Outdoor dining in Los Angeles County reopened Friday with a catch: restaurants and bars can’t have their televisions turned on for customers, according to a new health order.
“Televisions or any other screens that are used to broadcast programming must be removed from the area or turned off. This provision is effective until further notice,” guidance issued Thursday reads.
It’s unclear why the county is prohibiting restaurants from using their televisions given no scientific evidence that television contributes to the spread of the coronavirus.
Fox 11’s Bill Melugin, however, said he suspects the health department “wants to stop people from watching the Super Bowl outdoors at sports bars/restaurants.” (RELATED: LA Lockdowns: How Will It Impact Restaurant Owners)
Melugin does go on to note that this new guidance will only “force people to watch [the game] indoors with private home gatherings by taking the outdoor option away.”
It’s obvious the Health Department wants to stop people from watching the Super Bowl outdoors at sports bars/restaurants, so they are now going to force people to watch it indoors with private home gatherings by taking the outdoor option away. Absolutely brilliant ????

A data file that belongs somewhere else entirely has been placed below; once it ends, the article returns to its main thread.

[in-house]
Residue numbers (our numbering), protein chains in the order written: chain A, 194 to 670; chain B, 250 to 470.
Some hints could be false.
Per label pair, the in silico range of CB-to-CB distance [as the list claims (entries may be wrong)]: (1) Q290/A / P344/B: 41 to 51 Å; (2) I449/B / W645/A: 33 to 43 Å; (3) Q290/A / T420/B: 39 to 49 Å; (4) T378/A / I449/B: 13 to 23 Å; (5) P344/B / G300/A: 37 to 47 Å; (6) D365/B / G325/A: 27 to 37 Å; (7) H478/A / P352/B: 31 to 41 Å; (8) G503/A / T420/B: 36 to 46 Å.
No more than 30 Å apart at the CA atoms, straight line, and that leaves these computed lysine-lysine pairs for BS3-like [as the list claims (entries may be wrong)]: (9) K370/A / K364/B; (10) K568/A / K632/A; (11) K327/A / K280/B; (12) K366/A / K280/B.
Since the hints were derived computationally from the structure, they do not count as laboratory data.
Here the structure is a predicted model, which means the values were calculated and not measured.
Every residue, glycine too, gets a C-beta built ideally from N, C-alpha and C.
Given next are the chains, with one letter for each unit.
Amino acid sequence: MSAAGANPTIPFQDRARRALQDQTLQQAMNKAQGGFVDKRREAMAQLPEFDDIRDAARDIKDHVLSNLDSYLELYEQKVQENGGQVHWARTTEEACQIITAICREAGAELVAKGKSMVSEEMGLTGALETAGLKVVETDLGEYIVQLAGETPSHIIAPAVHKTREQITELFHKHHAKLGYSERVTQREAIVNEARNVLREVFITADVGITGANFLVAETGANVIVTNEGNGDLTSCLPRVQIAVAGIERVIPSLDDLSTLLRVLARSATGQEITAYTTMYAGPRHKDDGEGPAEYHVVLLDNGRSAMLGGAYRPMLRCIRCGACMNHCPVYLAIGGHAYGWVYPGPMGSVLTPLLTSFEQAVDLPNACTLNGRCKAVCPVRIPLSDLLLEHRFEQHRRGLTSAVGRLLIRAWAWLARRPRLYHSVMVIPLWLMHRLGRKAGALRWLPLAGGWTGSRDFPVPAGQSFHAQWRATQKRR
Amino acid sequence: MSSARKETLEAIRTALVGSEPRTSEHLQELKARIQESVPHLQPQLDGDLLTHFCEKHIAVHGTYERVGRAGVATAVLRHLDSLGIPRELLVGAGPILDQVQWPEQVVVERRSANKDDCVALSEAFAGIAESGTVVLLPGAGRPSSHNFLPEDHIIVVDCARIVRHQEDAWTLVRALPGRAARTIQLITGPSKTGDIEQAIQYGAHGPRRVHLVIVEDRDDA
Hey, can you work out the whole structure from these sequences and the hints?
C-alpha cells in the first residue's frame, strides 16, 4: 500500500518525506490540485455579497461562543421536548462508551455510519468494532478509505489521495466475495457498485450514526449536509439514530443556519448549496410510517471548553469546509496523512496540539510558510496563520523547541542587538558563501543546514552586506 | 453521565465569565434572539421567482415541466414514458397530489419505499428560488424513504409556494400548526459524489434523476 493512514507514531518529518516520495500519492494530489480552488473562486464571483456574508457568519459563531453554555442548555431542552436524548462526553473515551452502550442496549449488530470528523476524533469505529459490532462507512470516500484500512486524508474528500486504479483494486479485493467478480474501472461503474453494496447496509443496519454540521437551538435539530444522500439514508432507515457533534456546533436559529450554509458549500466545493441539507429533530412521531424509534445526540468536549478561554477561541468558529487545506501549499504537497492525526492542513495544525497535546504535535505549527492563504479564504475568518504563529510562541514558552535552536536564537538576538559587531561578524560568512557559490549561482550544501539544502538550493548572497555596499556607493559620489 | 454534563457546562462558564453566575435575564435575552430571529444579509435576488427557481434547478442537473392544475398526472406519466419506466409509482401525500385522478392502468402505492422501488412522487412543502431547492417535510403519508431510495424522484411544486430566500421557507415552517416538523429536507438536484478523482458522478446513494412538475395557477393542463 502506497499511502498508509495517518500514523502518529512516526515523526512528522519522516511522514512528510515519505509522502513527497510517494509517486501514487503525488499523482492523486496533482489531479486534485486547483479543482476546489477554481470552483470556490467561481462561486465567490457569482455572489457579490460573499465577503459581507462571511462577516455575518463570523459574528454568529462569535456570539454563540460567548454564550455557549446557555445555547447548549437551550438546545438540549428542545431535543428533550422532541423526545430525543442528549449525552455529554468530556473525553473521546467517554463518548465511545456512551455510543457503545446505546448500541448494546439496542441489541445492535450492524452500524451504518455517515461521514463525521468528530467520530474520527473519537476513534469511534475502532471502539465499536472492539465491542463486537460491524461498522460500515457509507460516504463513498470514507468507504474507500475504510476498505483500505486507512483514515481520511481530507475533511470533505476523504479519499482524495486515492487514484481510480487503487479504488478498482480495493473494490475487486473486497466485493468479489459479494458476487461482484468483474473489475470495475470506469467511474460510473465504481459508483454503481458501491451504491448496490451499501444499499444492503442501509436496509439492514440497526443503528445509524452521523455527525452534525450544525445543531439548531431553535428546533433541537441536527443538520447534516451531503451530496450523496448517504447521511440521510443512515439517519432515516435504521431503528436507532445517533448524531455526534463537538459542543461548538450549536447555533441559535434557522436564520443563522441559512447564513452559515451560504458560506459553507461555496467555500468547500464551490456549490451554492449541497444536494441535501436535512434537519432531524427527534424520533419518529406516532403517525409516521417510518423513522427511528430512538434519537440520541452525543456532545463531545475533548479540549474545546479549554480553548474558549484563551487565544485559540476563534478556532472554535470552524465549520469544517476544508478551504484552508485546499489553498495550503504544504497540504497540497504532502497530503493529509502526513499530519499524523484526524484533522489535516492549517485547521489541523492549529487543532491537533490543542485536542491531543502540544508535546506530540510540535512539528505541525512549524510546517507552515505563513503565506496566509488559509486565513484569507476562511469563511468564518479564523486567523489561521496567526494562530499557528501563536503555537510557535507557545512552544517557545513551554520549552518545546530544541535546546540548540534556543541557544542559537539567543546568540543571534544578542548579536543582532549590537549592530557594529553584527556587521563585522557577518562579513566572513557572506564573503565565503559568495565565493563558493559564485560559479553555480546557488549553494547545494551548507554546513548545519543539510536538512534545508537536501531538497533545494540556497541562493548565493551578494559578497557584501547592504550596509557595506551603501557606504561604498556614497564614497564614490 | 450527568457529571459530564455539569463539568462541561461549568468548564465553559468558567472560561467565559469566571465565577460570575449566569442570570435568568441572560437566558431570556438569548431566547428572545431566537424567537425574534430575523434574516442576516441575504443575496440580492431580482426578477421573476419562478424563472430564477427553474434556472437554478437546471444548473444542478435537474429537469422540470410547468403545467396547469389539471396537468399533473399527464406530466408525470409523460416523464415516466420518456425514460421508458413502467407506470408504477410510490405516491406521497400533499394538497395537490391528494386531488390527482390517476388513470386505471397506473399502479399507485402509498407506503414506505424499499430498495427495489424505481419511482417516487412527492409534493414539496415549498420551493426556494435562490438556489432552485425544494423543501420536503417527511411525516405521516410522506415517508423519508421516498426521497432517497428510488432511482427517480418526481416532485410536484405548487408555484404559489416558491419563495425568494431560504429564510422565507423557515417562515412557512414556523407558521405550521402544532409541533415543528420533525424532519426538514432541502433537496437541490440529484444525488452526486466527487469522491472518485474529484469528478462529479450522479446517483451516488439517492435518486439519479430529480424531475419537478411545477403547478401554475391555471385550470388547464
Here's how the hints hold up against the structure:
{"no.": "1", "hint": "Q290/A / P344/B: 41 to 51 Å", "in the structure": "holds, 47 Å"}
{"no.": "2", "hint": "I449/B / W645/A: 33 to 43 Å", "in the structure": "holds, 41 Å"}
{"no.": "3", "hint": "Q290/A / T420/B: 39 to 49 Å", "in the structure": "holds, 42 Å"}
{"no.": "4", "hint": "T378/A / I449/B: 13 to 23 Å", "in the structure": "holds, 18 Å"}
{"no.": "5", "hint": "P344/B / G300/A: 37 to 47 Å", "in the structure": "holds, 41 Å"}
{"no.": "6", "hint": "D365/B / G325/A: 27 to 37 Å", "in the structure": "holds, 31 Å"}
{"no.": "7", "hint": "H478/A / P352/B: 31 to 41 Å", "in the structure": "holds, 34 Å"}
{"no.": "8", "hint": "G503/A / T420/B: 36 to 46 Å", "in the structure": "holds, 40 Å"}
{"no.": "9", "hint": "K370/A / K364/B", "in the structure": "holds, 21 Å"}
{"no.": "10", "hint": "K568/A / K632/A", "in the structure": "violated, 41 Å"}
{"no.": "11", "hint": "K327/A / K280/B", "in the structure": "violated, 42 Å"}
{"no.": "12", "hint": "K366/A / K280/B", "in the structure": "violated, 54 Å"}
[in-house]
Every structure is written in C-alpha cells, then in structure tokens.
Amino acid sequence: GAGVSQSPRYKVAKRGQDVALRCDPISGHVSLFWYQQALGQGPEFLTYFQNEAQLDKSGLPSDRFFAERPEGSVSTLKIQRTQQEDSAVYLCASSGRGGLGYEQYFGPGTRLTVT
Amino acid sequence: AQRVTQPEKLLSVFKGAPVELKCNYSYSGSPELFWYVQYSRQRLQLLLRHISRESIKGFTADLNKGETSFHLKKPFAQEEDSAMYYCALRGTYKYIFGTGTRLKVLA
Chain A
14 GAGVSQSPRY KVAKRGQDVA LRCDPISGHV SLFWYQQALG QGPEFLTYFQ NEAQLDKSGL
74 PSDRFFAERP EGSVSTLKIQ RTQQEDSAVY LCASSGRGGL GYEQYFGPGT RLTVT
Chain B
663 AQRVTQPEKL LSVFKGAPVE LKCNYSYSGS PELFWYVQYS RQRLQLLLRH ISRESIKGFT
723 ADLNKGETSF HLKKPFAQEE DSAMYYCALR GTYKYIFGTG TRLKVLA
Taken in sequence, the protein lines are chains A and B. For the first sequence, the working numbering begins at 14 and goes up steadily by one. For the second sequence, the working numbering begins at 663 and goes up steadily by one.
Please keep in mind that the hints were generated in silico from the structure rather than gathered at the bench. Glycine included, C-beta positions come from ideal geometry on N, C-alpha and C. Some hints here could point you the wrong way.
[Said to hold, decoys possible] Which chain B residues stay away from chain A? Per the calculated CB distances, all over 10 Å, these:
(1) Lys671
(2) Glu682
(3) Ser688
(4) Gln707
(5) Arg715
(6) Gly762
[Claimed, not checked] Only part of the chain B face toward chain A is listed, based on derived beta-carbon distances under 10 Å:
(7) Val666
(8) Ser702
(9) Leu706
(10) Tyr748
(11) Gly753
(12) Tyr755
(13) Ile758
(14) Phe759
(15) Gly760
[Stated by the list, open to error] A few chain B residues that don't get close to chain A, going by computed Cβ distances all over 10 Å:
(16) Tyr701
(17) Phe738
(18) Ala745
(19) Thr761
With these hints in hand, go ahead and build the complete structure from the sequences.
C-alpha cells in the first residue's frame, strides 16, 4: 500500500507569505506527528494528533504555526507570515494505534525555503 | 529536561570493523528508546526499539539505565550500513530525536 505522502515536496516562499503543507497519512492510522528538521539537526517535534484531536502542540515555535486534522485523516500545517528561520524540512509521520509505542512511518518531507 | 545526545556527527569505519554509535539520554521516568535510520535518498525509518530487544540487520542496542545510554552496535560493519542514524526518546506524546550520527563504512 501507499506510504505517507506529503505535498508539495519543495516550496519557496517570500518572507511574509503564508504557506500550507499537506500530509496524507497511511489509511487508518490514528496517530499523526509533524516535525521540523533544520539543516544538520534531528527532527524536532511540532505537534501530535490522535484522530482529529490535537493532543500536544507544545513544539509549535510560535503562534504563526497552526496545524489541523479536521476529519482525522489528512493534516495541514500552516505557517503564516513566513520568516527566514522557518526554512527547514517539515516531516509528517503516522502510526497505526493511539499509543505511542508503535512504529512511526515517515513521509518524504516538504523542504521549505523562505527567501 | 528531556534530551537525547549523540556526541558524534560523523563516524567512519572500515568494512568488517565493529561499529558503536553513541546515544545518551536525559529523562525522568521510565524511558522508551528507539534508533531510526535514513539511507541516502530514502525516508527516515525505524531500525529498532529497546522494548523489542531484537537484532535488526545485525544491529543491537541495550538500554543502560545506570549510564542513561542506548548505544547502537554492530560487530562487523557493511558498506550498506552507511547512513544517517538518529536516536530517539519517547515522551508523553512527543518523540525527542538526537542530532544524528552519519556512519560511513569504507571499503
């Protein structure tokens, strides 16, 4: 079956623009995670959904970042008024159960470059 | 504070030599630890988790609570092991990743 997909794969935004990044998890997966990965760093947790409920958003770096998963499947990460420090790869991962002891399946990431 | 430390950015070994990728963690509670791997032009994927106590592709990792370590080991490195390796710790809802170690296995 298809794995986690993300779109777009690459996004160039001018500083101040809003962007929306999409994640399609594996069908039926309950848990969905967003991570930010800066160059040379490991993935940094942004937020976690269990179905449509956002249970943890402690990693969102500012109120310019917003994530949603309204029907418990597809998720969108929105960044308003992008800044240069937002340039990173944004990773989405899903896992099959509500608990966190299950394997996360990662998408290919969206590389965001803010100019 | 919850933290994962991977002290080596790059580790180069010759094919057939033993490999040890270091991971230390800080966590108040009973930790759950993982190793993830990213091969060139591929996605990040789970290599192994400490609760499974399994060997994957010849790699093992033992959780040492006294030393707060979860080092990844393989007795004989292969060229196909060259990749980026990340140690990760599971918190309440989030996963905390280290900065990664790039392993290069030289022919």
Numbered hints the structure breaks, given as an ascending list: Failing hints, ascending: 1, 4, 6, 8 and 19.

— Bill Melugin (@BillFOXLA) January 29, 2021
“Absolutely brilliant,” he continued.
Public Health Director Barbara Ferrer warned the Super Bowl could be a super spreader earlier this week, making it likely the new guidance was issued in an effort to prevent the spread of the virus.
“We know that Super Bowl Sunday is coming up, and we can’t repeat the mistakes of the past,” Ferrer said, according to NBC Los Angeles. “It will be tragic if the Super Bowl becomes a super-spreader of coronavirus.”
A Nov. 25 health order banned outdoor dining for at least three weeks but was made indefinite, according to the Los Angeles Times.
Los Angeles Superior Court Judge James Chalfant ruled in December that health officials imposed arbitrary restrictions when they shut down outdoor dining, noting the county failed to provide any scientific evidence justifying the ban. Chalfant had previously declined to lift the ban during an initial Dec. 2 hearing but ordered the county to provide some supporting evidence.
California’s Second District Court of Appeals ruled at the end of December that the ban could remain in place through February, according to Fox Business.
The Daily Caller reached out to the Los Angeles County Health Department but did not receive a response at the time of publication.